Meet Lori Gooch

Marketing Coordinator, Sanford Health Plan

Most of Lori Gooch’s Sunday mornings begin early. Even before the sun comes up she’s behind the wheel, already on a mission.

“I leave my house by a quarter to six,” Lori says. “On my day to sleep in – I don’t.”

An early departure puts Lori at her first stop at 6 a.m., right when the Coffee & Bagels shop opens. She hefts bags of yesterday’s fresh bagels into the back of her vehicle before continuing on to do the same at three more shops in Sioux Falls, South Dakota.

“On an average Sunday, I will pick up 250 pounds of bagels, which pretty much fills the back of my Honda CRV,” she says.

Then, after her final pickup, Lori finishes her route with drop-offs in downtown Sioux Falls. This routine is something Lori does every week as a volunteer for Bread Break, a food-harvesting mission run by members of Messiah New Hope Lutheran Church.

Bread Break partners with cafeterias, caterers, restaurants and other businesses to collect unused food and redistribute it throughout the community.

When Lori first heard about Bread Break, the couple that started the organization was just reaching the point where they couldn’t do it all by themselves anymore. They needed volunteers.

“They were finding a lot of places willing to donate food and a lot of places that needed it,” Lori explains.

Over the years Bread Break has continued to grow, and the ministry now works with more than 48 suppliers to deliver over 21,000 pounds of food a month to 41 non-profit agencies.

Bread Break delivers regularly to non-profits like St. Francis House, Bishop Dudley Hospitality House, Union Gospel Mission, Children’s Inn, Ronald McDonald House and the Volunteers of America, Dakotas – Veterans Services Center.

As a second harvest ministry, Bread Break provides meals for those in need while also reducing the amount of food that goes to waste in the community.

“It blows me away, the amount of food waste we have. That’s another piece that motivates me to share my time. There are hungry people that can really benefit from it,” Lori says.

From grocery stores and restaurants to cafeterias in hospitals and schools, most places that provide a food service regularly end up with excess product. Even at farmer’s markets, many vendors will donate fresh produce they haven’t sold by the end of the day.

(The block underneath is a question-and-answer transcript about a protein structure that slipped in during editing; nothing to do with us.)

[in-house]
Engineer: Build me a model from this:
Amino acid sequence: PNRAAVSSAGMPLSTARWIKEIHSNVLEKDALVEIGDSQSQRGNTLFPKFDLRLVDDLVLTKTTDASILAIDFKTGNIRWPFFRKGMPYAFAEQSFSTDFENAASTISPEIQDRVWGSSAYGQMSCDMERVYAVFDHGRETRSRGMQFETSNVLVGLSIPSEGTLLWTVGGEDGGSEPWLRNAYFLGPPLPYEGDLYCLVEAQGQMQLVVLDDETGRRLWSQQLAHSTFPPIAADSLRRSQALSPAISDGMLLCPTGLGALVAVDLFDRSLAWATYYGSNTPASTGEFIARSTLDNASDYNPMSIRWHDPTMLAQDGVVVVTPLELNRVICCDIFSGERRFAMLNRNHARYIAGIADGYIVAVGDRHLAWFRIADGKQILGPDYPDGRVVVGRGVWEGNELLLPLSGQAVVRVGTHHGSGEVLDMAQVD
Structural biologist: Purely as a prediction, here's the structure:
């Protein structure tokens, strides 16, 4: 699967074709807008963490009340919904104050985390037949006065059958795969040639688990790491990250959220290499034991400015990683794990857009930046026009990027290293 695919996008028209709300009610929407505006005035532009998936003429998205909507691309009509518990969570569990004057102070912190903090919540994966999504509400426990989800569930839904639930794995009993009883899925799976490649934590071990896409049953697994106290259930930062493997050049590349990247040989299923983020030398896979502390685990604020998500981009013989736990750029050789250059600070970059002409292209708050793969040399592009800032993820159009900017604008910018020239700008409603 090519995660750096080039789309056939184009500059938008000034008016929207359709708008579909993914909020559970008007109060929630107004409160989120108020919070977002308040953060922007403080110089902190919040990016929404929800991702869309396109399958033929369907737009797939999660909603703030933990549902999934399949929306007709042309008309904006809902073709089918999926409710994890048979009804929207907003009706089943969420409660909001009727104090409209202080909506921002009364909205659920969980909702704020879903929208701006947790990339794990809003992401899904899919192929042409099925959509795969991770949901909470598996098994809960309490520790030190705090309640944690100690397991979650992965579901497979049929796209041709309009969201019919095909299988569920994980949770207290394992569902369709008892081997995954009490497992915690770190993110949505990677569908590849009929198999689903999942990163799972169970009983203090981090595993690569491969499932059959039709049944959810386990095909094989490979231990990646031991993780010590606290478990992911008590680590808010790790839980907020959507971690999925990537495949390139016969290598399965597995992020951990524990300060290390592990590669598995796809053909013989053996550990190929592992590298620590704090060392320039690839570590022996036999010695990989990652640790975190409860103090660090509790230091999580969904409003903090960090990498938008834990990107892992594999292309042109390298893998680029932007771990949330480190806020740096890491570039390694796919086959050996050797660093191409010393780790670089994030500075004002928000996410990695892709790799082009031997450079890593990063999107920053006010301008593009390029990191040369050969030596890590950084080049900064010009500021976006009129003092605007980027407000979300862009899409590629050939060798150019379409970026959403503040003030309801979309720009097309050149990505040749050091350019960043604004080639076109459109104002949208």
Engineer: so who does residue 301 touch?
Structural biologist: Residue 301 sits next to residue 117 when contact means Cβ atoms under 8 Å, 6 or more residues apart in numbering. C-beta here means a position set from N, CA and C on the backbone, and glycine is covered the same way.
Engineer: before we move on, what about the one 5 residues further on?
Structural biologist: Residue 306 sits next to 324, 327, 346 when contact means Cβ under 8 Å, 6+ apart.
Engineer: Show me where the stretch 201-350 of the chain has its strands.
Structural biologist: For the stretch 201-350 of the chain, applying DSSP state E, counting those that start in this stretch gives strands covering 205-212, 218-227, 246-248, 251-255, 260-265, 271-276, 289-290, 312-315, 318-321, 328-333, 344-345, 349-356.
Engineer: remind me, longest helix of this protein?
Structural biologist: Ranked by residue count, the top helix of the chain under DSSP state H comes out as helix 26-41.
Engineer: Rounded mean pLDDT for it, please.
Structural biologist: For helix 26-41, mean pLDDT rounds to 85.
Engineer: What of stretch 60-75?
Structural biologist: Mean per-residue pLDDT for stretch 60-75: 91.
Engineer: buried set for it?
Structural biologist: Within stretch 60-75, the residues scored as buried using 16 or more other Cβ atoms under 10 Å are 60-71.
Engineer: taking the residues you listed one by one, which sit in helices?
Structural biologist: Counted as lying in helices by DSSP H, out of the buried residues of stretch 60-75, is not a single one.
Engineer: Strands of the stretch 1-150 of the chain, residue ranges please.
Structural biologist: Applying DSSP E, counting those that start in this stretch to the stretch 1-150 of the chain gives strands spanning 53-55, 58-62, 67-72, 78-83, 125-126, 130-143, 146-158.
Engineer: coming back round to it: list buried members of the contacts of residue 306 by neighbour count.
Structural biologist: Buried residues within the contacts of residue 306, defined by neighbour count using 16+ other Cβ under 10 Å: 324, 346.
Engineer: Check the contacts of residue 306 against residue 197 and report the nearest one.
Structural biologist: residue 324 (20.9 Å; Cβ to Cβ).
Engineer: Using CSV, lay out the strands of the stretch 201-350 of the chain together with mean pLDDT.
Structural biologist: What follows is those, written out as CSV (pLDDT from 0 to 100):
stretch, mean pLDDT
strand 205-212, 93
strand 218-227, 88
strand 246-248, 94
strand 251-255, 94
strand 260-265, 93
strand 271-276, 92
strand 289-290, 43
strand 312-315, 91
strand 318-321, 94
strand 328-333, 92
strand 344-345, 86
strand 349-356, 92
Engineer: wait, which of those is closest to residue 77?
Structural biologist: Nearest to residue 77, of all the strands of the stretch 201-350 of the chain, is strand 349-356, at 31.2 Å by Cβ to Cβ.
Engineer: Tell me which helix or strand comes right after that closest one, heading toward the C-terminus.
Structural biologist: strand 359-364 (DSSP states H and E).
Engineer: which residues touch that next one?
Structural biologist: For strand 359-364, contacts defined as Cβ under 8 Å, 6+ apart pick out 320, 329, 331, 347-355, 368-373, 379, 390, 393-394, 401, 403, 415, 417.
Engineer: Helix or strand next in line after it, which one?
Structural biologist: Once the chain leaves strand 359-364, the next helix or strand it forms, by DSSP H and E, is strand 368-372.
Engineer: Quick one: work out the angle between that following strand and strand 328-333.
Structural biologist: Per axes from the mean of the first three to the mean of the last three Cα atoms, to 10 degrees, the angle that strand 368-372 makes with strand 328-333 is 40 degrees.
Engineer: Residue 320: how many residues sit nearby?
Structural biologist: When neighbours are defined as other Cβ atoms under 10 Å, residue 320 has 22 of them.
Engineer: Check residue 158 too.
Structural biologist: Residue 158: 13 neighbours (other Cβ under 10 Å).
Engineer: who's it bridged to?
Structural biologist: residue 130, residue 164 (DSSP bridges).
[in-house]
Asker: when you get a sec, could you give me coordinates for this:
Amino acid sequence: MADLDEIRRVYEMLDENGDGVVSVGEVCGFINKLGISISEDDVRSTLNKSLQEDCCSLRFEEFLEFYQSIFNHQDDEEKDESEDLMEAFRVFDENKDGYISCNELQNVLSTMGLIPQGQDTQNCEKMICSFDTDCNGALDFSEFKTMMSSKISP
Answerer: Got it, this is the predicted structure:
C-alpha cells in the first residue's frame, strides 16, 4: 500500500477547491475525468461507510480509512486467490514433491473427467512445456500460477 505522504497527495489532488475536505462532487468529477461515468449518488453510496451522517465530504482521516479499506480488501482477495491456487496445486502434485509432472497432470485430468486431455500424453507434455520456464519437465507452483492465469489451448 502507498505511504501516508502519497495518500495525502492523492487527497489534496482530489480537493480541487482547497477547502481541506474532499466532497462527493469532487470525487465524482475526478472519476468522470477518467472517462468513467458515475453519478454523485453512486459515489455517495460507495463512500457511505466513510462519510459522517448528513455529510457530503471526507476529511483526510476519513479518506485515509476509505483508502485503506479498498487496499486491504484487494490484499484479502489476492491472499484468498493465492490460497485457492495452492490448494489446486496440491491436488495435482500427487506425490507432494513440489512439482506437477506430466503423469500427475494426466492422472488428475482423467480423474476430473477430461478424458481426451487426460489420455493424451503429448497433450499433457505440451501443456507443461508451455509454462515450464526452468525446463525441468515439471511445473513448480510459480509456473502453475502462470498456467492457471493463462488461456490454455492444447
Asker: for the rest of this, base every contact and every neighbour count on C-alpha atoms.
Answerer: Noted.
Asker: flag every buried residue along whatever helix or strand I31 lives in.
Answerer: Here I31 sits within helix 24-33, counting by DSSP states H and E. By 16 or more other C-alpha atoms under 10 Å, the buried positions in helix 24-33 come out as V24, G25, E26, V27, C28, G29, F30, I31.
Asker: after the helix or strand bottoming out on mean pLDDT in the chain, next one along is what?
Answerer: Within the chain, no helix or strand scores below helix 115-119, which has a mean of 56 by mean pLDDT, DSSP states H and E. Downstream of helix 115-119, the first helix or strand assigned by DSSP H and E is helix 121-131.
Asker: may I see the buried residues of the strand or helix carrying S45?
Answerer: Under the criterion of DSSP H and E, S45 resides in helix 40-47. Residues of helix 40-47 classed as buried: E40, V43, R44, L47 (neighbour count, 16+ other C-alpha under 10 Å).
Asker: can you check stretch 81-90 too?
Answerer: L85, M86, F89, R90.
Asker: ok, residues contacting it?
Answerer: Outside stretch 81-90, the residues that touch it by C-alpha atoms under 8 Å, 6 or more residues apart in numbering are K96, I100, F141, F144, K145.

“I’ll get anywhere from 500 to 1,000 pounds of fresh produce – zucchini, corn, tomatoes, peppers, you name it,” Lori explains. “Most of the vendors pick it for the market, and they want to get it used while it’s still fresh. So rather than throw it away, they donate it to us.”

For non-profit groups serving the homeless or the disabled, getting fresh garden produce helps boost the nutritional value of meals and stretch the budget of the organization.

“I feel like what we do really makes a positive impact, and that energizes me through the whole week,” Lori says. “I almost feel selfish sometimes because it’s such a great feeling to be able to use my time and talents to help others.”

The opportunity to connect with different organizations and people through Bread Break is another reason why she loves volunteering her time.

“During a drop-off, I’ll take one trip in and then I’ll have half a dozen guests from St. Francis following me out the door to carry the rest,” she says.

And other times, Lori will deliver pastries and bagels before breakfast starts, seeing guests through the windows that will soon be nourished, in part, by a second harvest. “When you look at the hundreds of thousands of pounds that would’ve gone in the trash but instead are getting put to good use, it’s a reminder that it doesn’t take massive amounts of giving to make a difference,” Lori says. “It just takes lots of people doing little bits together.”